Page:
Stanley Bedrock 607C
Type 6 (1910-1921)
Up for auction is a Stanley Bedrock 607C, type 6 (1912-1921), 2 patent dates and small depth knob. Ground up refurb and tuneup, it's ready to go to work out of the box. This is a restore done by a hand tool woodworker for hand tool woodworkers.
So what is a Bedrock plane versus a Bailey one? I’m glad you asked...Introduced in the early 20th century Stanley decided that they needed a new, higher end, line of planes where they could introduce newer more “high end features”. The majority of innovation of bench planes at Stanley was occurring around the Bedrock series. One of the first additions was from a patent that introduced the world to that middle frog adjustment screw, the one just below the iron depth adjustment knob on Bailey planes. While offered in the Bedrock series it was then added to all of the Bailey planes as well and survives to this day on modern Stanley and other makers planes.
The other, perhaps more controversial, addition introduced in 1911 (on the type 5) was from another patent which would allow the frog to be loosened up without removing the lever cap and iron. On a Bailey plane, you need to remove those pieces so you can access the screws that hold the frog in place. On a Bedrock you simply loosen 2 screws on the rear of the frog, right beside the other new frog adjustment screw, and move the frog back and forth without removing the lever cap and iron. These are my favorite Bedrock planes and represent the majority of the ones I restore and sell and are widely considered the finest planes ever made by humankind.
Fast forward to modern times… When Thomas Lie-Nielsen was designing his new bench planes, he didn’t have to look any further than the Bedrock series for inspiration. They were, and still are, considered the last great plane to come from the Stanley company. LN took modern steels, tooling and other materials and turned what was a great plane into the world’s finest. By purchasing this Bedrock you are getting a piece of woodworking history.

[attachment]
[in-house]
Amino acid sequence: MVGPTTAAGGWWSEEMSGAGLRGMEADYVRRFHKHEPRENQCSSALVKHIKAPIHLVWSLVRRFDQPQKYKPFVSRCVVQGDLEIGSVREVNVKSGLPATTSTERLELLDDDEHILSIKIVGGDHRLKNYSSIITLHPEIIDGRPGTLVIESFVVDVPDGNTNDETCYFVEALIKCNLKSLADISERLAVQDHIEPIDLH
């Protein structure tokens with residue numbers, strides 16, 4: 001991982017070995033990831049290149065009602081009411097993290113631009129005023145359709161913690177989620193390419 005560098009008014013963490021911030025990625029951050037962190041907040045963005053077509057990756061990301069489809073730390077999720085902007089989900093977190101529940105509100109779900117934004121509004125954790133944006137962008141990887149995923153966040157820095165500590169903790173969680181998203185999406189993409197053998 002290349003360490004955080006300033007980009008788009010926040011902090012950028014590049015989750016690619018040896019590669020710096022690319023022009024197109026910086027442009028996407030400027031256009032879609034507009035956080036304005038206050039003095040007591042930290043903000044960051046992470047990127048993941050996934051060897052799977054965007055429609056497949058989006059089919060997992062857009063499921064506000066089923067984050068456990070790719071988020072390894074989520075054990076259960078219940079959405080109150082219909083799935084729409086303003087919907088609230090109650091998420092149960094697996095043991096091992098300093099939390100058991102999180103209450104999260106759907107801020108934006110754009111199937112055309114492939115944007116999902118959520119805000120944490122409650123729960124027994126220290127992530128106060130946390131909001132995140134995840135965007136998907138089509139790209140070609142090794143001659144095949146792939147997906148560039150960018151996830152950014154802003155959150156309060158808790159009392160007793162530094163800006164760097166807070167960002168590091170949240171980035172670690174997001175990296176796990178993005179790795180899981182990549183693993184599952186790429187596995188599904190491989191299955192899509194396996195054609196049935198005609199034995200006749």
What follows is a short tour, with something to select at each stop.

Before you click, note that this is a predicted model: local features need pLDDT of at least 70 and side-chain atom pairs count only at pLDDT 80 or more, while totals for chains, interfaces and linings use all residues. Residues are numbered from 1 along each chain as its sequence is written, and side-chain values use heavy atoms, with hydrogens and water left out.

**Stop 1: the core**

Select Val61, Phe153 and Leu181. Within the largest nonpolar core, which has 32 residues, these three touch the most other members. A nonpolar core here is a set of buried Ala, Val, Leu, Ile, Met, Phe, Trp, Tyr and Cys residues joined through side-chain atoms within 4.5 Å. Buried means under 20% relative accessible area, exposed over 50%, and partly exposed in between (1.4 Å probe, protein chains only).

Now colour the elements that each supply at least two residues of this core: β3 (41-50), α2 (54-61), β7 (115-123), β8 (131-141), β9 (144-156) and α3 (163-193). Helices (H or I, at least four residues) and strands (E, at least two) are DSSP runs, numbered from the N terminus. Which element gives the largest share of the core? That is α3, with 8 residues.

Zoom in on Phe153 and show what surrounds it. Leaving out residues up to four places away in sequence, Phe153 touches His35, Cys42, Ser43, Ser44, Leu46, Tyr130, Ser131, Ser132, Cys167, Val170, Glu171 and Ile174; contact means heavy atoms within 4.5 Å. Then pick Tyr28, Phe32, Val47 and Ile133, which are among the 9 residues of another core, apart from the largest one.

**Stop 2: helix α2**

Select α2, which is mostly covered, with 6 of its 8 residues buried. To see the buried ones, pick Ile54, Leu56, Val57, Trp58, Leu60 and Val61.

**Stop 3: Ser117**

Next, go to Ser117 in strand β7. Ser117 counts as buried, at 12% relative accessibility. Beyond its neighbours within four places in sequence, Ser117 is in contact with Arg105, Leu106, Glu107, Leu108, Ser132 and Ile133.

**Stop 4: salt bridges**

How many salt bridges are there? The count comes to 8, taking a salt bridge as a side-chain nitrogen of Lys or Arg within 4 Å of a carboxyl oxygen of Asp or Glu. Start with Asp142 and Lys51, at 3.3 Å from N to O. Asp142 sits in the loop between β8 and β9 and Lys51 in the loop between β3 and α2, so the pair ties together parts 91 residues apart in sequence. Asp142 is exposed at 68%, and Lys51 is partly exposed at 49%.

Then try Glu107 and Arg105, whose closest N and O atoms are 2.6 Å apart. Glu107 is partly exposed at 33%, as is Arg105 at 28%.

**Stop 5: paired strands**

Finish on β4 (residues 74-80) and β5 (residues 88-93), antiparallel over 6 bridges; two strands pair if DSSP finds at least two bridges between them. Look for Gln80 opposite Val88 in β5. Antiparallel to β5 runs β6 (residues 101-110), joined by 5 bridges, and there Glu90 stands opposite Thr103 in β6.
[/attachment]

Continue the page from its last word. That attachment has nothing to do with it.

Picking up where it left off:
The nitty gritty details
The base was blasted and received replacement Japanning. The japanning is my recipe and is a near carbon copy replacement for Stanley’s circa 1900-1930. It was applied in several coats then baked at progressively higher temps, an hour at a time. After this it's allowed to cure for 30 days. This finish will last longer than engine enamel and looks nearly identical to a plane coming out of the Stanley factory. The only apology on the base is very slight pitting on one side, I do not remove that because it would cause the side to be too thin. It will not affect performance
The frog was torn apart, blasted and received the same japanning as the base. After curing all mating surfaces were flattened. There are no apologies on it.
The knob and tote are new and are hand made out of cocobolo by me. To allow the natural beauty of the material to show through they received 2 coats of teak oil (so they're UV protected), were buffed out then had a coat of Renaissance Wax applied. If ren wax is good enough for the British Museum, it's ok in my books. I've added one of Bill Rittner's beautiful brass tote screws, it's a Bedrock and deserves a little bling.
The only apology top side is slight pitting on the lever cap and has no affect on performance. The lever cap is the type correct one that has the word "BEDROCK" cast into it, NOT the word "Stanley" as that is incorrect for a type 6 plane.
It will come with a type correct iron that has been flattened and sharpened to 8000. Some pitting on the top of the iron and lever cap but none in the area that matters. The cap iron was tuned and mated to fit the iron correctly.
It's taking shavings that range from thin .002 to thicker .010, all are pictured.
This is one fine plane, it's beautiful and works very well. For all intents and purposes, this is a almost brand new 100 year old plane that, if taken care of properly, will last at least another 100 years.
Contact me if you're interested.
Contact me if you're interested.
Some additional pics